This is essentially what MP3s do to sound files. In their attempts to create the smallest possible file while compressing the original data, it removes large chunks of the higher and lower frequencies. The user is left with only the middle frequencies, and the discarded frequencies are irretrievable. Frequently in photographs, an important subject is centered in the frame and can still be enjoyed if a percentage of the top and bottom is eliminated. However, it is often that upper and lower portions that not only provide context to a photograph, but also makes it visually pleasurable or interesting. This is also true of music.

Although the extremely high and low frequencies of a song do not need to be heard to be listened to, understood or enjoyed, they add to the overall experience and enjoyment of listening to music. It is the online equivalent of preferring vinyl records to compact discs.

As such, FLAC files are not for everyone. This is generally because FLAC can be ten to twenty times the size of the same file encoded to MP3, or you may want a format that can readily be played on your iPod or other portable music player and you are willing to trade quality for convenience. That’s OK too: high-quality MP3s will also be made available for each recording.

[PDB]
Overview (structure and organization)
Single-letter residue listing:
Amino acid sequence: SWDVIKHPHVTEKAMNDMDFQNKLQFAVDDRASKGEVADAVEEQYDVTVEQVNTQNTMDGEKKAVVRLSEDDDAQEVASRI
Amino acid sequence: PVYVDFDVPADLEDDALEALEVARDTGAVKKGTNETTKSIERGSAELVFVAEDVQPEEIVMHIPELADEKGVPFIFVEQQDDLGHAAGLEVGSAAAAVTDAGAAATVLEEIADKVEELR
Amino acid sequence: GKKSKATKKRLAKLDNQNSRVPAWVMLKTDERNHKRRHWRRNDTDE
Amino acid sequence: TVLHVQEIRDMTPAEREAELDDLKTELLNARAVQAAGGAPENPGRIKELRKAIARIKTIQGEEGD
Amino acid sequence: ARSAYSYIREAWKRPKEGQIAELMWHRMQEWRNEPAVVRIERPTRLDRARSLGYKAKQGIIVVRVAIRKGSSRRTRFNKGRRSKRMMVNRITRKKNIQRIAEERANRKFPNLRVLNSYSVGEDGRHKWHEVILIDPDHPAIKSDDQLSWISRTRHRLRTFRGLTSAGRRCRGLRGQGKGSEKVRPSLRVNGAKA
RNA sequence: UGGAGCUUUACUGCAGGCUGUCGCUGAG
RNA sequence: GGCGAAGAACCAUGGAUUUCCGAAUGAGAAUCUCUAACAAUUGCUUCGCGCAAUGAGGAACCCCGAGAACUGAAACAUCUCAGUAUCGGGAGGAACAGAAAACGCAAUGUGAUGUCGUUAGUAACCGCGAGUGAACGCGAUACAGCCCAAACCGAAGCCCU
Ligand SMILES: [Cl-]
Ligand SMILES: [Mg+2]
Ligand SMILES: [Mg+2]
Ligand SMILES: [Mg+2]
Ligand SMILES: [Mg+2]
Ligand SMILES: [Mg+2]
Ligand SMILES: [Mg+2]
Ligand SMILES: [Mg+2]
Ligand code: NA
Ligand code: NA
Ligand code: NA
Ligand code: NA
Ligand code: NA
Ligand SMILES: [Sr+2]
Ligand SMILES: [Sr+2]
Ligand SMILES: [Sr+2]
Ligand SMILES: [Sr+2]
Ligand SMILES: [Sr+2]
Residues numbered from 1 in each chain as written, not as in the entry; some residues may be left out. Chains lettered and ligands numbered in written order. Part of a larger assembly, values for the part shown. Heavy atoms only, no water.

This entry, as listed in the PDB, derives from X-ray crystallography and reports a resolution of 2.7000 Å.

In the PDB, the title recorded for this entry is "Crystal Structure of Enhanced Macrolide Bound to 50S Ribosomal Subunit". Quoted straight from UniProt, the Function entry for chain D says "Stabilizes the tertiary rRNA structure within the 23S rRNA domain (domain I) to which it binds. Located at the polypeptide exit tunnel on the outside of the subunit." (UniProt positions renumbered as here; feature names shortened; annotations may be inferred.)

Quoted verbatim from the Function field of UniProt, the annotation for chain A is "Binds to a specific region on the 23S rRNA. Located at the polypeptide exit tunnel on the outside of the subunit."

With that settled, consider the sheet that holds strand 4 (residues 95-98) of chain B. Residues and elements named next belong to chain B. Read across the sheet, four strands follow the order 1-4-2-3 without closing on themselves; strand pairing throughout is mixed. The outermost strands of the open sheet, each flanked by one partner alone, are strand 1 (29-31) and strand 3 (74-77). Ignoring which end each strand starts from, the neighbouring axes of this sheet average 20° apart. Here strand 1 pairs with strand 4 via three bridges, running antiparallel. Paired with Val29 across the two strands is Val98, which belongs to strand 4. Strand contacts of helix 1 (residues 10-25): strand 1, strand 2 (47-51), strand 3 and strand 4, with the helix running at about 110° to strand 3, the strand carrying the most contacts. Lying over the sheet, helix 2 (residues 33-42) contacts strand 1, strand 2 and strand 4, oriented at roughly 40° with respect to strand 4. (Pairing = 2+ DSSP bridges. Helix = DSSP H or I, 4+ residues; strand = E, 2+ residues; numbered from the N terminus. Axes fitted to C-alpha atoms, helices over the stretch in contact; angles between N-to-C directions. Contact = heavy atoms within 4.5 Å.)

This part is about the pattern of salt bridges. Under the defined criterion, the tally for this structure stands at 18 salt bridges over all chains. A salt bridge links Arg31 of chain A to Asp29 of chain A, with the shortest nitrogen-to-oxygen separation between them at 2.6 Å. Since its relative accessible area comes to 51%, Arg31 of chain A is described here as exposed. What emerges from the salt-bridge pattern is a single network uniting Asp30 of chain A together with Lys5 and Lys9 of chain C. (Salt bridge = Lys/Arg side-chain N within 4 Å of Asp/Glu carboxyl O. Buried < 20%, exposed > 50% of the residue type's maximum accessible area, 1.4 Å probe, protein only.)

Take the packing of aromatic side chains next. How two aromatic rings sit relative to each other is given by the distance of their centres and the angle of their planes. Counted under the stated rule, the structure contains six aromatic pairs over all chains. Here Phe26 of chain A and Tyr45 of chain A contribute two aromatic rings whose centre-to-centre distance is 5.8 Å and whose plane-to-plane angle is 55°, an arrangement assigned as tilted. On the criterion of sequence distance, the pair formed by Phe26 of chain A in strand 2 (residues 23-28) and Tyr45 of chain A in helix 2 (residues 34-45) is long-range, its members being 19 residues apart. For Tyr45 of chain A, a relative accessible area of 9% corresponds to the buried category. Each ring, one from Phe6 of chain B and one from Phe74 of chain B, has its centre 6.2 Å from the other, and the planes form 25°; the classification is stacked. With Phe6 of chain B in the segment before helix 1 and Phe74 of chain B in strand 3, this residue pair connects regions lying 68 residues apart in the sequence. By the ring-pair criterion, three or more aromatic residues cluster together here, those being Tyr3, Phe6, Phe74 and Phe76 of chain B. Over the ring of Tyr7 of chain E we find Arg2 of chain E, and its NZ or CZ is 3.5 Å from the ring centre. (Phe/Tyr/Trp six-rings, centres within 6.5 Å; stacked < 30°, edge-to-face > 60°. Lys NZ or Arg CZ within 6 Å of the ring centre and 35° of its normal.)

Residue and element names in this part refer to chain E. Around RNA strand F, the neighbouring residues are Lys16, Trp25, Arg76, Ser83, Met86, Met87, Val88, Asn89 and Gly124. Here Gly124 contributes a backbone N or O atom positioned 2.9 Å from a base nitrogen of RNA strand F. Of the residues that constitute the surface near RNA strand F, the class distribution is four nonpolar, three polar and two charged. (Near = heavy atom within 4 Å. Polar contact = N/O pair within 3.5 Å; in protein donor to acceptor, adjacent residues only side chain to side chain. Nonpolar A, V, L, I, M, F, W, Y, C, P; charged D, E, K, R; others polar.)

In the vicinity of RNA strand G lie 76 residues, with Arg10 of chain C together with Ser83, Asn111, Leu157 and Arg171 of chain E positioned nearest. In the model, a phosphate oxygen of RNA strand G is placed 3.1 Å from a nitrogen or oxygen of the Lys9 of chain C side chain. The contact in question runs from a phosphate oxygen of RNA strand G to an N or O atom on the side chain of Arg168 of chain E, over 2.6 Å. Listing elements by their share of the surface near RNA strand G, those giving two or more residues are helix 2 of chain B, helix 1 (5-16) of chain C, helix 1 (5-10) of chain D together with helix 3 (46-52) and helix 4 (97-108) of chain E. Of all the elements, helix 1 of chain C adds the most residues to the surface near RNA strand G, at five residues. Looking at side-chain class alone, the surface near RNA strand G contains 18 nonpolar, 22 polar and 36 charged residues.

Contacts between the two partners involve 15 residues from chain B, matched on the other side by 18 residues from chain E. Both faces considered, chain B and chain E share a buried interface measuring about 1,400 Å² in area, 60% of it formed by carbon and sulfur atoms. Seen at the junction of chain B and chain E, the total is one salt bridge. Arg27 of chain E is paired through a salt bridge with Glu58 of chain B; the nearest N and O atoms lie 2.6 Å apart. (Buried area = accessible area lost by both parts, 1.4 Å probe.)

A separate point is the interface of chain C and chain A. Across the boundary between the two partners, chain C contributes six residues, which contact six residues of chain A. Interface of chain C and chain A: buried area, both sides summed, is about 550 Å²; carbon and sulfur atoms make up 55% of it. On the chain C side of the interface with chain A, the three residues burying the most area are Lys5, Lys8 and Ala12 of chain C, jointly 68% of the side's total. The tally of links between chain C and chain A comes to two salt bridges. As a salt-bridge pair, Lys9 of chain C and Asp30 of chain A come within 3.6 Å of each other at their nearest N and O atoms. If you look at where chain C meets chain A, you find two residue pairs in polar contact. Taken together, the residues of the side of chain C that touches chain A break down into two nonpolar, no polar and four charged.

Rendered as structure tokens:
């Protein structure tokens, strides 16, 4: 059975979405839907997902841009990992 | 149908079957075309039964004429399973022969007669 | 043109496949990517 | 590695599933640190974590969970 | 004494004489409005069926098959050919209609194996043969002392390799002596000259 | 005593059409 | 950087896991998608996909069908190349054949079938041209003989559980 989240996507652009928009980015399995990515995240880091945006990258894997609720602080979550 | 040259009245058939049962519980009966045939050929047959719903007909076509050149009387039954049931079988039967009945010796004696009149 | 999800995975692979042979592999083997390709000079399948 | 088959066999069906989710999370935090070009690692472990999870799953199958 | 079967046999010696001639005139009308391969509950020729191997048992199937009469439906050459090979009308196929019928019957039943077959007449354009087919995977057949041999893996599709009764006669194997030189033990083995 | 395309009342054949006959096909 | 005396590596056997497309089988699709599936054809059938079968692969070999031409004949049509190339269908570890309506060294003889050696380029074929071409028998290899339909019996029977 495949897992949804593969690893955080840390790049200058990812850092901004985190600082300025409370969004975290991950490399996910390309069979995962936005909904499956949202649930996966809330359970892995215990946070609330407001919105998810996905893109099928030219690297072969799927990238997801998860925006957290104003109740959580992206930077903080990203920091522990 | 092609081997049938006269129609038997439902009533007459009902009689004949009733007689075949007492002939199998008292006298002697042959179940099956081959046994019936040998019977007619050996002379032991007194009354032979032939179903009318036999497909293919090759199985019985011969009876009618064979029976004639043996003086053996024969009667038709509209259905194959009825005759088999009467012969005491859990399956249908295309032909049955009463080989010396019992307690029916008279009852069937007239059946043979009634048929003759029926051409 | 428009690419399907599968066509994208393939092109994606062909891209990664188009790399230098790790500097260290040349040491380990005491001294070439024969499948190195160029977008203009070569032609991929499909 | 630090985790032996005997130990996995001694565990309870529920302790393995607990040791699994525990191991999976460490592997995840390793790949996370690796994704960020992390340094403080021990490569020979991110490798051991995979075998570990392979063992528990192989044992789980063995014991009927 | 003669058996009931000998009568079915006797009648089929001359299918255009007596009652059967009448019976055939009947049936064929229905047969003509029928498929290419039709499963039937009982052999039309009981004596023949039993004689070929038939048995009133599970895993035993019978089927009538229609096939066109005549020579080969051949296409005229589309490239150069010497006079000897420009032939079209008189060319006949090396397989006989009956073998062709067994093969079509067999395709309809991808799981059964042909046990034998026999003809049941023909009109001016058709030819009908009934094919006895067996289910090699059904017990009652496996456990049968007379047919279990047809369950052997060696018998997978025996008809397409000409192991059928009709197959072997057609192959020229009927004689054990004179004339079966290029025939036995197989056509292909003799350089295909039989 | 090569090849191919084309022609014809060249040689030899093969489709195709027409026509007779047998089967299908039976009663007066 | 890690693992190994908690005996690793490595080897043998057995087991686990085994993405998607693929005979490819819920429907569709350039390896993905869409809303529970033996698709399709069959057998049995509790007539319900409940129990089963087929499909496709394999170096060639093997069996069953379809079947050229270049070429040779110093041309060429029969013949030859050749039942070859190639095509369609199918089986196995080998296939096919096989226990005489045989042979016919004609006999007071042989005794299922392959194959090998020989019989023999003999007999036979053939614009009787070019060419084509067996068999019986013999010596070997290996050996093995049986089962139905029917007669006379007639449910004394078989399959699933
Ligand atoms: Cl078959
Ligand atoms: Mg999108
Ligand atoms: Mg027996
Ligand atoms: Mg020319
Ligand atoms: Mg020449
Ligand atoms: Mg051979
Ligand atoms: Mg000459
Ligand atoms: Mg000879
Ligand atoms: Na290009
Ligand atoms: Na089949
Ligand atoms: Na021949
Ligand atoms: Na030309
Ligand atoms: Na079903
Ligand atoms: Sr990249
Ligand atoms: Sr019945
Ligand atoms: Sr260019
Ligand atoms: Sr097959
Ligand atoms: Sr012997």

However, this blog’s focus is on and will be primarily catering to tape traders and audiophiles who demand top quality copies of great live performances.

What are FFP files?

FFP files are FLAC FingerPrints. Like every human being’s fingerprint is different, so is every FLAC’s hashfile.

When the original taper converts his recording to FLAC, it is important that he also create a FFP. It helps verify that the downloaded or otherwise transferred copy of the recording is an exact duplicate of the original. This helps guard against errors in transmission, re-encodes and other impurities that may exist, especially when transferring large files.